Rescuers of Jews

Želvys Juozapas

Antanas BOGUSLAUSKAS Juozapas ŽELVYS The New Year and Christmas are family holidays. It is a time for get-togethers with relatives and for giving presents. These days, however, are not the most joyful for Dovydas Leibzonas. His parents are dead, and his only sister, Ada Leibzonaitė-Kantorovič, lives in Israel. But in his life he has managed to meet people whom he calls his nearest and dearest. Dovydas’ mother wrote about them: “We bow down before them. They are more saintly than the saints. God save them...” Before the war the Leibzonas family lived in Kaunas. Mina Leibzonienė had graduated from the Jewish secondary school in Marijampolė and studied in Belgium. Her husband Efraimas had studied chemistry at the University of Vienna. They lived and worked like any other people, and had two children. When Kaunas was occupied by the Germans, the whole family was sent to the ghetto, where they lived in a flat with four more families. Under the floor the men dug out a sort of wide cellar, 60 centimetres deep. It was not spacious enough; therefore, both grown-ups and children continued to deepen it at night. The dug-out soil was carried out into the garden. In 1943 the rumour spread about the preparations for the Children’s Action. The Leibzonas had neither great hopes nor illusions; nevertheless, they searched for ways of hiding the children. Before the war Mina Leibzonienė had taught literature, and at the same school the Lithuanian Zofija Simokaitienė had taught the children domestic science. When the column of ghetto prisoners was taken to work, Mina succeeded in breaking away and went to the home of the Simokaitis, who agreed to shelter her, Ada and Dovydas. To stay in Kaunas was too dangerous, and the decision was made to send both children to Zofija’s parents who had a farm in Žemalė, in Žemaitija. The boy was to be taken by Simokaitienė’s brother, a student, Antanas Boguslauskas, while the girl was to go in another railway carriage. Ada was sent to Juozas Simokaitis’ sister, Petrutė Zasinauskienė, who had a five-month-old daughter, and Ada became her nurse. It so happened that with the front line approaching, the Germans set up their headquarters in Zasinauskas’ home. It was too difficult to live in permanent fear, and the Zasinauskas, together with Ada, hid in the woods and returned when the front line had been pushed further on. Efraimas remained in the ghetto. He worked at the aerodrome and as a painter at the Silva factory. Before the liquidation of the ghetto he went to his old wooden house, in the lumber-room of which he could hide his overalls. By the time he had crossed the bridge over the Neris it was noticed that several workers had disappeared from the factory, and the guard was strengthened. “If you are fated to live, you even get across a bridge on time,” he later commented. But how is it possible to explain what happened to Mina? Fate? A miracle? From a distance she watched Antanas lifting Dovydas into the carriage and getting on himself. Thus reassured, she too got on to the train. She had no ticket and was soon found out. Nevertheless, she made a dash for it and jumped off the moving train. She got up and went on on foot after the train and her son. When Antanas asked about the noise, he was told that a woman had jumped out of the train. Fearing that it was Mina, he and Dovydas got off at the next station. The two of them went back along the line and met Mina, and they all arrived safely at their destination. Not every man could have endured the hardships which Mina had to experience, but the mother’s love and readiness to sacrifice herself achieved the impossible. Efraimas also got to the Simokaitis. He was hidden by Father Juozas Želvys of St Anthony’s Church. The priest kept Efraimas for as long as Mina Leibzonienė and Dovydas lived on the Boguslauskas’ farm in Žemaitija. After the war it so happened that nearly all of the heroes of this story met in Kaunas (except Antanas Boguslauskas, the father of Zofija Simokaitienė, and her brother Antanas). A picture was taken in which we can see (from left) Efraimas Leibzonas, his daughter Ada, his wife Mina, old Zofija Boguslauskienė (in the centre), Dovydas Leibzonas, Zofija Simokaitienė, Juozas Simokaitis and little Antanukas. The fates of the rescuers were varied, and fortune did not always smile on them. Father Želvys, having provided many Jews with fictitious documents, was found out by the Gestapo. Efraimas Leibzonas recounted how they succeeded in ransoming him in the literal meaning of the word. The family of Juozas Simokaitis’ sister, who had rescued Ada Leibzonaitė, were exiled to Igarka, and returned to Lithuania only in 1958. Zofija Simokaitienė’s father, Antanas Boguslauskas, on whose farm Mina Leibzonienė and Dovydas had hidden, was arrested soon after the war and died in a concentration camp. The Leibzonas family met many honest and selfless people during the war. On the other hand, it is no secret that there were people of a different sort as well. “Unfortunately there were such ones,” said Efraimas Leibzonas. He remembered how once he was looking for a pram. He found out that an acquaintance of his had one. He was taken into the lumber-room so that he could choose from several prams. Efraimas was stunned to learn that all the prams had been taken from the ghetto. Decades passed, and many of the rescuers and the rescued passed away. On 23 September 2003, President Rolandas Paksas decorated the rescuers with the Life Saviour’s Cross. The younger Antanas Boguslauskas’ award was presented to his daughter, since he was ill at the time. A month later, however, Dovydas, who now lives in Vilnius, was amazed to see Antanas Boguslauskas on the doorstep of his flat with a big basket in his hands. He had brought apples, pears and quince from his garden, and country sausage. An old man, greatly advanced in years, he had come by train from Trakų Vokė to Vilnius, then by trolleybus to Kalvarijų gatvė, and to Dovydas’ flat on the fourth floor... The human heart can be great and generous. From Hands Bringing Life and Bread, Volume 3,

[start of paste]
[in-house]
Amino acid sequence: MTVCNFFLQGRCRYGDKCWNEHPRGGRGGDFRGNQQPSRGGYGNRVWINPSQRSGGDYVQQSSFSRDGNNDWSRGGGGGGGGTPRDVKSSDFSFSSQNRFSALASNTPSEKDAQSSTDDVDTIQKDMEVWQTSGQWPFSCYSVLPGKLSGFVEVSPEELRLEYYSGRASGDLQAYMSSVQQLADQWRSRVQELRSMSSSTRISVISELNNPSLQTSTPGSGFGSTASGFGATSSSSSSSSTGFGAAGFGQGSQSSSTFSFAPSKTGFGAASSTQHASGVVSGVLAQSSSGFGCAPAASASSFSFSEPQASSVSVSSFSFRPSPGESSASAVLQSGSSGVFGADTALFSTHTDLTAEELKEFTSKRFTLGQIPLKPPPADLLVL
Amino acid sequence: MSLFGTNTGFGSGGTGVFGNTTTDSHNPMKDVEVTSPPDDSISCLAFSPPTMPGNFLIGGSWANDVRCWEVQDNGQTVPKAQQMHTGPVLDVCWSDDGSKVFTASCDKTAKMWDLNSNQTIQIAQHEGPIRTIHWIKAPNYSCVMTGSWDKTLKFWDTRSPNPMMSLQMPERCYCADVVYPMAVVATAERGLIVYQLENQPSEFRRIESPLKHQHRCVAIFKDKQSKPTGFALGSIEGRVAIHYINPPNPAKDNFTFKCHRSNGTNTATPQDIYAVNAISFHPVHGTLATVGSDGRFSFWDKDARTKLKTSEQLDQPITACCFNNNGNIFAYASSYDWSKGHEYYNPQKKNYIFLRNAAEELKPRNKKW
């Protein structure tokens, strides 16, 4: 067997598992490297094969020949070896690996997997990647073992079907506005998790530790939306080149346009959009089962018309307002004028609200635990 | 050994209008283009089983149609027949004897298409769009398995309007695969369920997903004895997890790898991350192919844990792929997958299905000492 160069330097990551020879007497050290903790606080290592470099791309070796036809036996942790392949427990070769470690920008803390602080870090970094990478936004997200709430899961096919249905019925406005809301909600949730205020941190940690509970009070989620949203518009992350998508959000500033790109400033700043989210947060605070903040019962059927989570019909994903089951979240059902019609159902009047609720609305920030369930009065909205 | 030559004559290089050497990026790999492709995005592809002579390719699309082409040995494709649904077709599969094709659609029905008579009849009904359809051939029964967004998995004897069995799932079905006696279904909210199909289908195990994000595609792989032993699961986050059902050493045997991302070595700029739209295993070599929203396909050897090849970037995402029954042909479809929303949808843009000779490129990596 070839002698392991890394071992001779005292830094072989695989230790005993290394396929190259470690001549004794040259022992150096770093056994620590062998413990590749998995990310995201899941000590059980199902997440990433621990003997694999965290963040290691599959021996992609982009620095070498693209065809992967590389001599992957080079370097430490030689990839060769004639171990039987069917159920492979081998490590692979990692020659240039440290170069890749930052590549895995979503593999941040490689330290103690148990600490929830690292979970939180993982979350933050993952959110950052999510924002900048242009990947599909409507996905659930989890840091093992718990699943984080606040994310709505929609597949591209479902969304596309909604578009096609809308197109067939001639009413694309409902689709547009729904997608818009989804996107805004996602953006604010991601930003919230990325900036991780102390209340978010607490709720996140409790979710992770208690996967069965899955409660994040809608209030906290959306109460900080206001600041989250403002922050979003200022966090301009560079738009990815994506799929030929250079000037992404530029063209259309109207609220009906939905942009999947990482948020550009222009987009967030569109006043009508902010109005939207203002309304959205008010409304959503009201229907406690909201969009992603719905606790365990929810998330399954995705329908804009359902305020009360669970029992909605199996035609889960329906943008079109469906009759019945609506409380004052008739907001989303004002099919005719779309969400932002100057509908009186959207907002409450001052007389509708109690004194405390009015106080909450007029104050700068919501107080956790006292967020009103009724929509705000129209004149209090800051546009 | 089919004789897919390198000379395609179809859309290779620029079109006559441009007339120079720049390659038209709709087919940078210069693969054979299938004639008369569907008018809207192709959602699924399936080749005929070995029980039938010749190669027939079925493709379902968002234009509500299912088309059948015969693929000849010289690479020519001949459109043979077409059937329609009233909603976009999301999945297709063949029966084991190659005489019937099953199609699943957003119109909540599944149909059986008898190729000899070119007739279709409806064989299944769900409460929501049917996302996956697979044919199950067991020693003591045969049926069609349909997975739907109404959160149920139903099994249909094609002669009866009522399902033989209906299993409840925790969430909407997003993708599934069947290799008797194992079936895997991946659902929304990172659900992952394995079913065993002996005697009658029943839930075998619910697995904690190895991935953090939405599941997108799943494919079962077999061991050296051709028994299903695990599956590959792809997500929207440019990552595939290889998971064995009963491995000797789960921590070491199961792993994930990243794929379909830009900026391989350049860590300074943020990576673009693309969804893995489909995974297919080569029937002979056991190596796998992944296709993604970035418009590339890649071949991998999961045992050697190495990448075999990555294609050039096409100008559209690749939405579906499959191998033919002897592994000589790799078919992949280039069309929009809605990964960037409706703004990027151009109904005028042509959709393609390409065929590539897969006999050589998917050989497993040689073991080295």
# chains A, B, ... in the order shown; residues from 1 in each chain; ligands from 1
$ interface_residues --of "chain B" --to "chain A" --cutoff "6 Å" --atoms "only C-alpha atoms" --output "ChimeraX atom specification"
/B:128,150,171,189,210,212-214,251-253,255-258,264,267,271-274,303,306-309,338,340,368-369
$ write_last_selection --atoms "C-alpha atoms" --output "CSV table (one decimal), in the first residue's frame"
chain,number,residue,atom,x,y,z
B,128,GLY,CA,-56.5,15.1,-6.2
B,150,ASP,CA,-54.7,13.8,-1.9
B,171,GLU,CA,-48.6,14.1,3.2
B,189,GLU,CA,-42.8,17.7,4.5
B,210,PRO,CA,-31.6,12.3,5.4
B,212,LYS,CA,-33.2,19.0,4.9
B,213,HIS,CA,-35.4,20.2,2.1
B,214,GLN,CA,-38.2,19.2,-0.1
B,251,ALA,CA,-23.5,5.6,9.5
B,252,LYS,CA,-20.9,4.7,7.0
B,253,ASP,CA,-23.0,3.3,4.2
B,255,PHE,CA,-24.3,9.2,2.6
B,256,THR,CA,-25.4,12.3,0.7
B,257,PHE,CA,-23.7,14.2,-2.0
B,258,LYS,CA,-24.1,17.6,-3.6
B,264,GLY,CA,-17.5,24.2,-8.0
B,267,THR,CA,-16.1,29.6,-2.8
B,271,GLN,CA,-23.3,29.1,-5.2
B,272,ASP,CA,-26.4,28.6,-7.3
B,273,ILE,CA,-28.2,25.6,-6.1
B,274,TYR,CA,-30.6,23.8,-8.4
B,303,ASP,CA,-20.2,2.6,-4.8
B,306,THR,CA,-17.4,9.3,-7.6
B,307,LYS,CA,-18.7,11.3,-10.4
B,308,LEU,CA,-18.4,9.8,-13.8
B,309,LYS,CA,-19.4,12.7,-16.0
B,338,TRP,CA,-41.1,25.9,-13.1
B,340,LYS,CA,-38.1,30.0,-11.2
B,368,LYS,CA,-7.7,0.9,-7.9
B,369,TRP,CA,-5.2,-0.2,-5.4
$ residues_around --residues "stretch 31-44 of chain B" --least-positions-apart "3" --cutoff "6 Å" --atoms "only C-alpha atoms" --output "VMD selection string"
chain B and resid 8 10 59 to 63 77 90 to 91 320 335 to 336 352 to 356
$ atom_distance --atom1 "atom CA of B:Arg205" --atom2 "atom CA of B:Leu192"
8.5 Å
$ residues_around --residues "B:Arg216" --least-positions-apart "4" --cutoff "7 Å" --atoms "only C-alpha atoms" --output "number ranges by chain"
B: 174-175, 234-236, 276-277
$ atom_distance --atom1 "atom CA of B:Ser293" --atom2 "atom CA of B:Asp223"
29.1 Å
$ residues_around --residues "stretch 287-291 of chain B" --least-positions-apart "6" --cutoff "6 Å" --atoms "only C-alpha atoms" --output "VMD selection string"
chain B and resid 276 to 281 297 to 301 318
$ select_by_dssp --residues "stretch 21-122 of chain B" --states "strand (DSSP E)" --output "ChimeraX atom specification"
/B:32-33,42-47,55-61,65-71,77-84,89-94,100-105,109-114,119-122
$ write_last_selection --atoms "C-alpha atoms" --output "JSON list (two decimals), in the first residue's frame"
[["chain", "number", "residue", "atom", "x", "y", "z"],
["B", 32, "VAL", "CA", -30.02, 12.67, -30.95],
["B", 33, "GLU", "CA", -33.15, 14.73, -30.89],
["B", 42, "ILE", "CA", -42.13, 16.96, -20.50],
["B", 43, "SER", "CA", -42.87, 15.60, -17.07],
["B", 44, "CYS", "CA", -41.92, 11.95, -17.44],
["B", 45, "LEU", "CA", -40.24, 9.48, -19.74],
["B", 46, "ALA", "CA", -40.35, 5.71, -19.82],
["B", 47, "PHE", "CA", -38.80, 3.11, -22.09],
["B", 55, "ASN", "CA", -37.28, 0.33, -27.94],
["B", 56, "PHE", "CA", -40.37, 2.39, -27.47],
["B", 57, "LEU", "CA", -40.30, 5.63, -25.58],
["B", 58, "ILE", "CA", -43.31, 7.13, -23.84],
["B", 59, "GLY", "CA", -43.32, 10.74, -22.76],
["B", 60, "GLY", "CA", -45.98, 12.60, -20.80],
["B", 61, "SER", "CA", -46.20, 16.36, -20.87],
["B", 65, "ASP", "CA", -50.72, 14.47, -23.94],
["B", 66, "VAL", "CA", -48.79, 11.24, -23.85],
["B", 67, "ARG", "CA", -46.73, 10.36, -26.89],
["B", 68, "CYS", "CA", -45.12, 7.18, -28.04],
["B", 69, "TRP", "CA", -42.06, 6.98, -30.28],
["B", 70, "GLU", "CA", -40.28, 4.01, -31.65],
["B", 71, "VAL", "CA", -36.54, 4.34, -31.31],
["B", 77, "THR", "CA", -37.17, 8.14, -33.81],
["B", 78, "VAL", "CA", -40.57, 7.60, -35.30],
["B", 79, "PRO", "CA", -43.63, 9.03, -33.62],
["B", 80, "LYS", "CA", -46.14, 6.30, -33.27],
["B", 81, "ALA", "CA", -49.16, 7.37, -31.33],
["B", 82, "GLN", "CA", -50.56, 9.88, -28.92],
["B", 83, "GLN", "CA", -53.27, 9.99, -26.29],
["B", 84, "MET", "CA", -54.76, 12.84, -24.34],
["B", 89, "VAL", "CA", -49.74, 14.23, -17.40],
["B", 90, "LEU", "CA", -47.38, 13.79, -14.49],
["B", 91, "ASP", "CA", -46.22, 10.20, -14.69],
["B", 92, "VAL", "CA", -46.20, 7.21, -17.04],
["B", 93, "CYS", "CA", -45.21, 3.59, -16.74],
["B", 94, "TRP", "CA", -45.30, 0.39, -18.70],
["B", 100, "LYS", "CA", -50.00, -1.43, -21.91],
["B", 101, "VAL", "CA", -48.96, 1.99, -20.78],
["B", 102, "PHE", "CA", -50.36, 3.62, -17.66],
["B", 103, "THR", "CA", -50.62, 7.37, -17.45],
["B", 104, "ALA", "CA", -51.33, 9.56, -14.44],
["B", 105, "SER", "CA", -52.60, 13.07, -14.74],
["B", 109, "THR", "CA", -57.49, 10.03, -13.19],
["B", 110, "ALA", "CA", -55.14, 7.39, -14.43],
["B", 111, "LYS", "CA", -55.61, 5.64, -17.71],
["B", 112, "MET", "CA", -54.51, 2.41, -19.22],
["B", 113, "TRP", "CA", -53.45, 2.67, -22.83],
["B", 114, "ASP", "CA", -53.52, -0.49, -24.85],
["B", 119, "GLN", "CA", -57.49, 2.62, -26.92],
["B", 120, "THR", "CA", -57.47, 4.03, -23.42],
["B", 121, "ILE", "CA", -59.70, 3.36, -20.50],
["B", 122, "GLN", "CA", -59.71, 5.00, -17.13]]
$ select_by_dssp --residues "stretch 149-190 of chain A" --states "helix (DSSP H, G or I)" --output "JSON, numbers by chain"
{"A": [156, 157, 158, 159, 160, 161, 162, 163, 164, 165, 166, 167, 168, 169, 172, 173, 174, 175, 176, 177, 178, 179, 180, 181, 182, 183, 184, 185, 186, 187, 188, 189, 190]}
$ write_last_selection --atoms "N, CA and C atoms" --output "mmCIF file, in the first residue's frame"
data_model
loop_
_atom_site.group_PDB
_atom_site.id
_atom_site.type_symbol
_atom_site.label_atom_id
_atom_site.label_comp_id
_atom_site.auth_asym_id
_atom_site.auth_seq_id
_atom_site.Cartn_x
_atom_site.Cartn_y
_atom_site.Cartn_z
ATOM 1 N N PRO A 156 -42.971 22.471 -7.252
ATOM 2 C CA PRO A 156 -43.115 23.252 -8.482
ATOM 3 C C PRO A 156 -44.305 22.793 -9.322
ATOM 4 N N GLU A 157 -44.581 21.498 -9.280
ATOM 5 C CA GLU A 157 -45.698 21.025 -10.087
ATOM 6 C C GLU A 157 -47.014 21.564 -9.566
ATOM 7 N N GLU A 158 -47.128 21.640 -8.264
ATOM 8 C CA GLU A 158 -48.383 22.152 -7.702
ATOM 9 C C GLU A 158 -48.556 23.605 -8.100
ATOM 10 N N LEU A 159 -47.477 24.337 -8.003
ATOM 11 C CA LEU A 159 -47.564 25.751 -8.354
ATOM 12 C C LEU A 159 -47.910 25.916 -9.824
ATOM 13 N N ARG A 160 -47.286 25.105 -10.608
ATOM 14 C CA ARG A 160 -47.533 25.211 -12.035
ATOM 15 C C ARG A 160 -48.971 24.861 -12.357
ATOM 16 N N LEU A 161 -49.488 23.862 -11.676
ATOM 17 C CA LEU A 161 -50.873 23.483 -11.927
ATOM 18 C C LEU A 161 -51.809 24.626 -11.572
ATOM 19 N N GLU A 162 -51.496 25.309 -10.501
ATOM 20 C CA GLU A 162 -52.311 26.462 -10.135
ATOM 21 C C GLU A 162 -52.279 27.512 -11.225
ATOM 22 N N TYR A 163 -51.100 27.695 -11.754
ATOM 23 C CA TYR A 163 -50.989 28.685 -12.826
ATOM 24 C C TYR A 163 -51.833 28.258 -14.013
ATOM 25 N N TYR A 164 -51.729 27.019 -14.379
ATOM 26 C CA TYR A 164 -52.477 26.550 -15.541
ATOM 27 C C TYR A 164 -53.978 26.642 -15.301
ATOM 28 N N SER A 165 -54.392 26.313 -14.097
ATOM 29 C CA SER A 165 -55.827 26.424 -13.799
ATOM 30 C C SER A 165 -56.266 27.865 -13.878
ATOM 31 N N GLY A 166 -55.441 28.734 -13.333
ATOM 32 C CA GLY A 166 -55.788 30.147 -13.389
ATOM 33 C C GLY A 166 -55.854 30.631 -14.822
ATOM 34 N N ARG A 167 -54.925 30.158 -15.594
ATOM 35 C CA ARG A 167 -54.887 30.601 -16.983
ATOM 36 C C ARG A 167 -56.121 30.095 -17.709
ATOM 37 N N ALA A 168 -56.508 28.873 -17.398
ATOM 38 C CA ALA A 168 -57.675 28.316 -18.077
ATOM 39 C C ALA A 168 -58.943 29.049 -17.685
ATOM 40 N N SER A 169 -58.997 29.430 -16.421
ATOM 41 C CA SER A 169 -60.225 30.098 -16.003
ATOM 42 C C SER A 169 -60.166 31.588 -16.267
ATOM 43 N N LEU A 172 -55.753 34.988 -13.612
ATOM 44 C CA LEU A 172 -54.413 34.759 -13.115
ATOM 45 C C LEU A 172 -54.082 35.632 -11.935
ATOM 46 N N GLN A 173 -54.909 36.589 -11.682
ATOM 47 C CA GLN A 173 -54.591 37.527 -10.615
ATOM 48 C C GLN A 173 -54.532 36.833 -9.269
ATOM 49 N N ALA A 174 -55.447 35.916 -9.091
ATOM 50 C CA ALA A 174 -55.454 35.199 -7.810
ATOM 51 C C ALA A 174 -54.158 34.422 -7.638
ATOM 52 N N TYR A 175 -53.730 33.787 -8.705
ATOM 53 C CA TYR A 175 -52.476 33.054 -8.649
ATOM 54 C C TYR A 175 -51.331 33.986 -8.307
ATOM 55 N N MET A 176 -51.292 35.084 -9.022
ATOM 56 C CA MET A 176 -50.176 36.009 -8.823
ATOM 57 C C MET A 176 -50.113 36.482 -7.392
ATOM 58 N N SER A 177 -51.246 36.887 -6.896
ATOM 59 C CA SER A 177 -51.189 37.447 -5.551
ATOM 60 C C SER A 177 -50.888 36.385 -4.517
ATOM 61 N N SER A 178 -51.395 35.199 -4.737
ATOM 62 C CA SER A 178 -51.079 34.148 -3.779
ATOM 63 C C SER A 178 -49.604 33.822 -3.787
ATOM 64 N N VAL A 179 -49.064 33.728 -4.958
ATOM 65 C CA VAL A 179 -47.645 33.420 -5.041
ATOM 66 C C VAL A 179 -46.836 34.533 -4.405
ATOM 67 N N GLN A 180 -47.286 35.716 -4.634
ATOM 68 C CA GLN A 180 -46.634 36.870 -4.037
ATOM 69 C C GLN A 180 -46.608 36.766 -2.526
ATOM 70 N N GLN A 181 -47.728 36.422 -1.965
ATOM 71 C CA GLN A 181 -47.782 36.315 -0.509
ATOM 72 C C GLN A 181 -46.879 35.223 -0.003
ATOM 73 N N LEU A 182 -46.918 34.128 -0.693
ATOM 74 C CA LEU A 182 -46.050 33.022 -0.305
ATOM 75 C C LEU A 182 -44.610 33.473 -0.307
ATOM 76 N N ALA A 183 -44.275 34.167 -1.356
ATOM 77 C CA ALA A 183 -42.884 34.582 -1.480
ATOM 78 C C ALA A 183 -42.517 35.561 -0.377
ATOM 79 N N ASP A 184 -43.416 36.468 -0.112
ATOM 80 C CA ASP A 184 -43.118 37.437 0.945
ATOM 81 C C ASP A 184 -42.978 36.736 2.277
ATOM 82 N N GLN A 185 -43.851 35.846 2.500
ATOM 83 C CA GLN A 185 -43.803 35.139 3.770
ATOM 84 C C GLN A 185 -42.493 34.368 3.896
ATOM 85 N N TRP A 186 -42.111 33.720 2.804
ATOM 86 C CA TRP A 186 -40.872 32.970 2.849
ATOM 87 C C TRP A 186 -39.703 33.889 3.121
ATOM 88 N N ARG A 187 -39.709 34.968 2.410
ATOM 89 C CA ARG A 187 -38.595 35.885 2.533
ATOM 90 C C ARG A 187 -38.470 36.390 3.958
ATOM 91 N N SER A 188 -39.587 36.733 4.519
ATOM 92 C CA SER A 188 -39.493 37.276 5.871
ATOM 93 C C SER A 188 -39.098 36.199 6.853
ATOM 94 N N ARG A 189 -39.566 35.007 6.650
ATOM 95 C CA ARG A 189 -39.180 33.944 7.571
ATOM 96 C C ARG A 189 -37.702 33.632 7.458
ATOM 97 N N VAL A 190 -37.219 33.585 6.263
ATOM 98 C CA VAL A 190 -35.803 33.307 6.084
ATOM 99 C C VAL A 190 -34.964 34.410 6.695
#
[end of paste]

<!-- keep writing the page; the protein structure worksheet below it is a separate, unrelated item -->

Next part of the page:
The Vilna Gaon State Jewish Museum. Vilnius, 2005